“If we insist that we have no shadow behaviors, we are denying that we are ever impatient, jealous, angry, fearful, envious, dishonest, bossy, judgemental, controlling, manipulative, or critical. All human beings are as responsible for their light as well as their shadow, and without recognizing both parts of ourselves we cannot heal.” Jamie Sams – Dancing the Dream
Denial isn’t one of my bigger pitfalls. But learning how my shadow can be medicine is another story. As obvious as others’ imbalances may be to me, I usually puzzle over my own. Example: “Why in the heck am I so ridiculously nasty impatient, race car driver maniac behind the wheel and so patient everywhere else?” I’m KNOWN by my friends and family, anyone who has ever been in my car while I’m behind the wheel. Known as the nascar nasty shoulda-been-a-career-driver. I don’t just drive like a demon. I do it well. (Knock on wood, fast!) But the thought of spending my life going in a fast car on a perpetual left-turn journey with fumes spewing into the air doesn’t appeal to me. No, I’d rather be on a perpetual left-turn journey through this shadowland, spewing nasty vibes behind the wheel of my car, clueless as to why. Cough.
Nature and “happenstance” are speaking to me more clearly lately. Sitting on the couch, talking with my daughter, looking out the window just in time to see a hawk swoop down low, only a couple feet from the ground. I know life is speaking. I get behind the wheel and I witness myself from the inside out. What have I learned? When the will is not actively engaged in acts uniquely important to the individual, the frustration comes out. Somewhere. Somehow. Me? In my car.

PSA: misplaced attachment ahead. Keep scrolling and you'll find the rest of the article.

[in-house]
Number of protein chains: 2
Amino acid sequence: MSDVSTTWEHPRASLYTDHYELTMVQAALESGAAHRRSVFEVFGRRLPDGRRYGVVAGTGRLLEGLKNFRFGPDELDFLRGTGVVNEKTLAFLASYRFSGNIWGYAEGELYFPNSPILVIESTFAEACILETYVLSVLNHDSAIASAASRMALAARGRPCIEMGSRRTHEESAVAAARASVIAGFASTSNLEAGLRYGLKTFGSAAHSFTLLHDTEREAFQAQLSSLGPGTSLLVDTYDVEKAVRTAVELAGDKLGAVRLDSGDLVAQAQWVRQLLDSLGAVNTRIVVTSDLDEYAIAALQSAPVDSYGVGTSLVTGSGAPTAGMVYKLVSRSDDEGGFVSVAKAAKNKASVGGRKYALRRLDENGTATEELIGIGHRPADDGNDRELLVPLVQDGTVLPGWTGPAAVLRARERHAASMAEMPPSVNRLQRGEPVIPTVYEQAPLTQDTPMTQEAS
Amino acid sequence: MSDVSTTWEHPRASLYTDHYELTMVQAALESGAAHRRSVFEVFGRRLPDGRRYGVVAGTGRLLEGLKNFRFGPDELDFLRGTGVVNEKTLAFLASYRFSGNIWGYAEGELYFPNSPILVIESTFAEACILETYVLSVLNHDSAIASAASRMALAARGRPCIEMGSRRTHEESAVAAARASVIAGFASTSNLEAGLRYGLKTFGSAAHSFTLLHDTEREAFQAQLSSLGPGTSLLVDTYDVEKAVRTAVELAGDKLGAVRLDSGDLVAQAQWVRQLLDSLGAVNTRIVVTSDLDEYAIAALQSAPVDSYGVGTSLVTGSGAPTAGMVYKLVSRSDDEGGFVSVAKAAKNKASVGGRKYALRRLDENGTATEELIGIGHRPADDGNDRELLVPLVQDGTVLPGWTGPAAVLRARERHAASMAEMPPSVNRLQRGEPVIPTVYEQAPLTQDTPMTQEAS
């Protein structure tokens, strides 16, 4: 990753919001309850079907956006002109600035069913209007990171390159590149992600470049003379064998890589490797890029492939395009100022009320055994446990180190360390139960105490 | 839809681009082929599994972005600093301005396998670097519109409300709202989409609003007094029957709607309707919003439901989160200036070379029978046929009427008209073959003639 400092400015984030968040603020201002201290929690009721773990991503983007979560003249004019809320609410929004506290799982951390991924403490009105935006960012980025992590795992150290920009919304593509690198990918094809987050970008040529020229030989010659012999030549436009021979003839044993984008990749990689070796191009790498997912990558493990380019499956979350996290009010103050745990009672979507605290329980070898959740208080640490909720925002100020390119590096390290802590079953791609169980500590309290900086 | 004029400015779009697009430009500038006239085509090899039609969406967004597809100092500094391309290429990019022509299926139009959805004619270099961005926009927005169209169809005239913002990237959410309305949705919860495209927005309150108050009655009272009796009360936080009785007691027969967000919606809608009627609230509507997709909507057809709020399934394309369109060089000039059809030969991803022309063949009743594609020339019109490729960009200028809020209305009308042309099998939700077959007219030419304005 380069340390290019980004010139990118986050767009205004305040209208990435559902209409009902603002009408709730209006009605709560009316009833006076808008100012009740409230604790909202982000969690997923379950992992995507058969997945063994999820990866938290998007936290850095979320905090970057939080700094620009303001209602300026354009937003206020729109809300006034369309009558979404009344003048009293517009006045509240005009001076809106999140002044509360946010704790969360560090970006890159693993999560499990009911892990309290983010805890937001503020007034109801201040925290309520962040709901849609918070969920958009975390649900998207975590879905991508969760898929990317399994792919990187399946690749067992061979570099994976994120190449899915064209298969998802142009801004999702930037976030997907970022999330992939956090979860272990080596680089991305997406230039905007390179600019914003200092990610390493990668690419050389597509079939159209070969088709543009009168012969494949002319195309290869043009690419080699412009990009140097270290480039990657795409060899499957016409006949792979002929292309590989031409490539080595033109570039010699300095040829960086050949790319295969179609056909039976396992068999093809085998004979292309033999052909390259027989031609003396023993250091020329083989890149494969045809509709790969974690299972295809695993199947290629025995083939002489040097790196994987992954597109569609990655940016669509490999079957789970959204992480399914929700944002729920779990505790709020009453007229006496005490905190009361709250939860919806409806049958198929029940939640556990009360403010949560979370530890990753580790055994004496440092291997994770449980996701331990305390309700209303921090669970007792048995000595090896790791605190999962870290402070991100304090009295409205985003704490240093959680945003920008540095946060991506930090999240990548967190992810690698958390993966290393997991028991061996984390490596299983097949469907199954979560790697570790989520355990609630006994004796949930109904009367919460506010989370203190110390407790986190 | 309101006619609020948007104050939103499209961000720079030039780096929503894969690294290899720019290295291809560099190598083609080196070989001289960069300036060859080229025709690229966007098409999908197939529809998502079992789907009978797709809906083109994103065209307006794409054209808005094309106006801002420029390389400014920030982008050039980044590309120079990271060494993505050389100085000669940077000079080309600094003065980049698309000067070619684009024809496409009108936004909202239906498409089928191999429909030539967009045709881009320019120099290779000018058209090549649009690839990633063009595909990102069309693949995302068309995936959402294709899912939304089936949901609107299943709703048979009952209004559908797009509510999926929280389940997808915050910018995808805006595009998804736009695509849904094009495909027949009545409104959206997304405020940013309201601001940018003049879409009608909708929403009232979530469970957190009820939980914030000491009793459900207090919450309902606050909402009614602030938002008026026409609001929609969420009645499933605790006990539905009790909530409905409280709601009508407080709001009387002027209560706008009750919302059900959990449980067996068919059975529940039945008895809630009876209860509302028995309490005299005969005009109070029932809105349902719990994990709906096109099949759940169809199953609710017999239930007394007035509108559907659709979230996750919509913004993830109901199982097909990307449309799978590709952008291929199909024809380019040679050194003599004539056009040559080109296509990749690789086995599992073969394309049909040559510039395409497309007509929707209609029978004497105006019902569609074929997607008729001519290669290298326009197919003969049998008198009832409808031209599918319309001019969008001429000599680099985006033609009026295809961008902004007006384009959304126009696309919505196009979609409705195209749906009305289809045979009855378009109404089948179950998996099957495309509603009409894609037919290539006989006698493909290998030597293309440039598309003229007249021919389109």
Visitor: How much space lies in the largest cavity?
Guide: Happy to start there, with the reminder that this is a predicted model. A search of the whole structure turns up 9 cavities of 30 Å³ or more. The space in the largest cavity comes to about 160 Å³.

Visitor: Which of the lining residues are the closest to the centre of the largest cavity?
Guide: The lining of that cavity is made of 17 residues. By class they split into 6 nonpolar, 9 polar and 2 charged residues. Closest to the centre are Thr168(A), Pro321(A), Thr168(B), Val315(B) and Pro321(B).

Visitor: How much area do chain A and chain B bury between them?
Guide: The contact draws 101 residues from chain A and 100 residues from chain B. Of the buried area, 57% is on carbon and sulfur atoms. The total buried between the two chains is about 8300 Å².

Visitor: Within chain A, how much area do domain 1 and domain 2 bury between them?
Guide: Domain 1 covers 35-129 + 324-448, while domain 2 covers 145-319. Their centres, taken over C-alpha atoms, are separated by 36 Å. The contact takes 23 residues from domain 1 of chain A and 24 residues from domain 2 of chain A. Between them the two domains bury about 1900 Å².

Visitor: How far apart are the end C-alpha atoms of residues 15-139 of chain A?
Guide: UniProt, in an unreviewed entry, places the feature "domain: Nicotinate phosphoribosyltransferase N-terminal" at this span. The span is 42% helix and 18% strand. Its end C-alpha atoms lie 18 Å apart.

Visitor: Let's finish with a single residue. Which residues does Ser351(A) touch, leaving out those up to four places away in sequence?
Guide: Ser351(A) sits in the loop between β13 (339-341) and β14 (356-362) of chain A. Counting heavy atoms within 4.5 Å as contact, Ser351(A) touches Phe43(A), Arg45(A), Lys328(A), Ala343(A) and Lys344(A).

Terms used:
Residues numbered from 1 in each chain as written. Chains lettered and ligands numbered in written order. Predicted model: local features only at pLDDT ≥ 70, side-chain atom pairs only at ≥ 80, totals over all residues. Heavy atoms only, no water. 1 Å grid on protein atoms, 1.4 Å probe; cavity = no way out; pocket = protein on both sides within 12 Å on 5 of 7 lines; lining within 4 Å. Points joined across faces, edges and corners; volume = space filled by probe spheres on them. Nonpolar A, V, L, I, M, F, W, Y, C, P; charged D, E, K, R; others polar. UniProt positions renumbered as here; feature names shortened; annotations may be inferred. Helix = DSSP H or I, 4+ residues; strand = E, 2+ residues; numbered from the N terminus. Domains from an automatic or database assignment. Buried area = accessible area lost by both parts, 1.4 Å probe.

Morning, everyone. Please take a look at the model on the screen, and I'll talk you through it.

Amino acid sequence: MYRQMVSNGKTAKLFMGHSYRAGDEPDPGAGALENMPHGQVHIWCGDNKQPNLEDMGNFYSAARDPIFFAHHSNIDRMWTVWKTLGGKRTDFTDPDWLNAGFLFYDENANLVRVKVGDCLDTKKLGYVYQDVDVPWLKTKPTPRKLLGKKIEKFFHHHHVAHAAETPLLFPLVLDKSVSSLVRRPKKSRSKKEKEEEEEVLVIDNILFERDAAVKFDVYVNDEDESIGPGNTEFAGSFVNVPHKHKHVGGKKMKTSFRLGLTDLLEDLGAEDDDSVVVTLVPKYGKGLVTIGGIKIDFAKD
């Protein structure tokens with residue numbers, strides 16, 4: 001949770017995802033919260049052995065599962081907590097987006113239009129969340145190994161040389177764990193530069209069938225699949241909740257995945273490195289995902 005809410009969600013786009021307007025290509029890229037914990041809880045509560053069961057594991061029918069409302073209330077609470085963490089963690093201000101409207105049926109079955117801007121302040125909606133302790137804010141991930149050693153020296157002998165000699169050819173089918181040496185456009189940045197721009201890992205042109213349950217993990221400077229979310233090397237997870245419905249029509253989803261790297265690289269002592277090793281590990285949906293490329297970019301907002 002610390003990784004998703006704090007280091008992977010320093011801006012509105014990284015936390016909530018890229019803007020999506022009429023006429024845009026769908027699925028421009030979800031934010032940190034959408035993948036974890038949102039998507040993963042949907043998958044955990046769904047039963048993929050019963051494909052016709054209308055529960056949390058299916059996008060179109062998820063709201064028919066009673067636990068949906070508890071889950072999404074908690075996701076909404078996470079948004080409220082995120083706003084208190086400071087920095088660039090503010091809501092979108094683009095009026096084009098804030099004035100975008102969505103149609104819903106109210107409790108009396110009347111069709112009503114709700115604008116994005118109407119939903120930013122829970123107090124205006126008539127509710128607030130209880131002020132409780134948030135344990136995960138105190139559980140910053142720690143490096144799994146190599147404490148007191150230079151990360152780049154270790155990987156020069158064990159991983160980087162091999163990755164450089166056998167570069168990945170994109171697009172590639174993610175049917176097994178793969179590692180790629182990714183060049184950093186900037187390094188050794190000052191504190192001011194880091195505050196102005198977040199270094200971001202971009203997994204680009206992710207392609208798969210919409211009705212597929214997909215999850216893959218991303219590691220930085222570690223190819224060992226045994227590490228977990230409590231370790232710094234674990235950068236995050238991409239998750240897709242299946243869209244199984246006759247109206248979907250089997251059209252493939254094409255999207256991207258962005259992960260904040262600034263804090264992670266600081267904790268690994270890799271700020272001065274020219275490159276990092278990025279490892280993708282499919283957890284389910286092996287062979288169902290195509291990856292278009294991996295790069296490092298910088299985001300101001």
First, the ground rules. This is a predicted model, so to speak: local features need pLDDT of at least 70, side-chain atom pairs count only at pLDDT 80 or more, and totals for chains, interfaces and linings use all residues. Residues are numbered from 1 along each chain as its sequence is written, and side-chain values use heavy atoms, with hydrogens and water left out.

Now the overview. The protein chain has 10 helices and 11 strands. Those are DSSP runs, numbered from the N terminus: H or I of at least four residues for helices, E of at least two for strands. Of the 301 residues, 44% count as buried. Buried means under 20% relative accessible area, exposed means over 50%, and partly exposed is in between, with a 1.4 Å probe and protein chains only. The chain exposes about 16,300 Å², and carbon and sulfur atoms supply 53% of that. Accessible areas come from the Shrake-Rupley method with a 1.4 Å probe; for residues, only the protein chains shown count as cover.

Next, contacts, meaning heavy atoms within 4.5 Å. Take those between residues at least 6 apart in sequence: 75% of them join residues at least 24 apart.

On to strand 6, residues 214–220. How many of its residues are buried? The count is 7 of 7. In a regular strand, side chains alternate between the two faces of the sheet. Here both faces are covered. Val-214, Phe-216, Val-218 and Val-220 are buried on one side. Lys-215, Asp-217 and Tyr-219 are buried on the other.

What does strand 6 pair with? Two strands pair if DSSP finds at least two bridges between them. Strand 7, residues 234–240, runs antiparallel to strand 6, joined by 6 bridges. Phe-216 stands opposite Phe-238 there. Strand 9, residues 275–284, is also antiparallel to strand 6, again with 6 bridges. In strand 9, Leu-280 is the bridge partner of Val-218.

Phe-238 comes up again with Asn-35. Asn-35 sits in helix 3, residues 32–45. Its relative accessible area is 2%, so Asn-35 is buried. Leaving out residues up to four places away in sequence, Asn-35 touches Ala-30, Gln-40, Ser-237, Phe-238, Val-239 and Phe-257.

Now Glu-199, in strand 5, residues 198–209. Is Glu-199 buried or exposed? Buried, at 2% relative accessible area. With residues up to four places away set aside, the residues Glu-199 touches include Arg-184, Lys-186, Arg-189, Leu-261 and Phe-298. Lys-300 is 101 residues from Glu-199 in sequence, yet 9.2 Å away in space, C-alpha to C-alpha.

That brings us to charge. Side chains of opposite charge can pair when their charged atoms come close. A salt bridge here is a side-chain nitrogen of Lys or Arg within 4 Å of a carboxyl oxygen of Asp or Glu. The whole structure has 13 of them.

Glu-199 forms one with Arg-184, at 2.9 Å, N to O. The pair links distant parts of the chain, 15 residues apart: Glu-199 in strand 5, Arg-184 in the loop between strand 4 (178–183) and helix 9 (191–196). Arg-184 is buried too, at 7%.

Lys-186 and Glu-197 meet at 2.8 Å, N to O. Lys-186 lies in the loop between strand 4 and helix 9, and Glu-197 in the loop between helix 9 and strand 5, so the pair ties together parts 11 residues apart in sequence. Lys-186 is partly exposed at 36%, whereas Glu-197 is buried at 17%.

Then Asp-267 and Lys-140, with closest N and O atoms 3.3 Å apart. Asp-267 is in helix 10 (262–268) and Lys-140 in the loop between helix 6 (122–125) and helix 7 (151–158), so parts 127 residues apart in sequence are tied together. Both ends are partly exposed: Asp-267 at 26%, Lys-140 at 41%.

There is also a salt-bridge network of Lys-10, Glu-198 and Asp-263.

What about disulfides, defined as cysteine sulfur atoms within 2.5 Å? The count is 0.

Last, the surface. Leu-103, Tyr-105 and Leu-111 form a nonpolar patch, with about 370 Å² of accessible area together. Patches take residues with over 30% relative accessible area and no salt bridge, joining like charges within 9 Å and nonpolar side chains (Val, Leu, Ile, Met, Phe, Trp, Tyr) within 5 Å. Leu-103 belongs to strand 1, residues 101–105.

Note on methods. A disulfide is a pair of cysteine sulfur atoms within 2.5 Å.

So, how do I know this? Well, the demon-driving has improved. I’m doing things I absolutely must do for me. And the list of “absolutely must” is more detailed and lengthy than it ever was before. But I admit. I will always wrestle rather extreme control-freak tendencies I suppress perpetually. They will have their say down shadow lane in a car with a redheaded dame asking the driver beyond if he would like to wait for the car coming from China, too. It just is what it is. It’s gross. But it keeps me awake to what I’m not swooping down on, scooping up for my sustenance (preferably nothing rodent-like). And shadow drivers find their path, too, beyond the frustrating obstructions and into the sunlight.
On. With. It.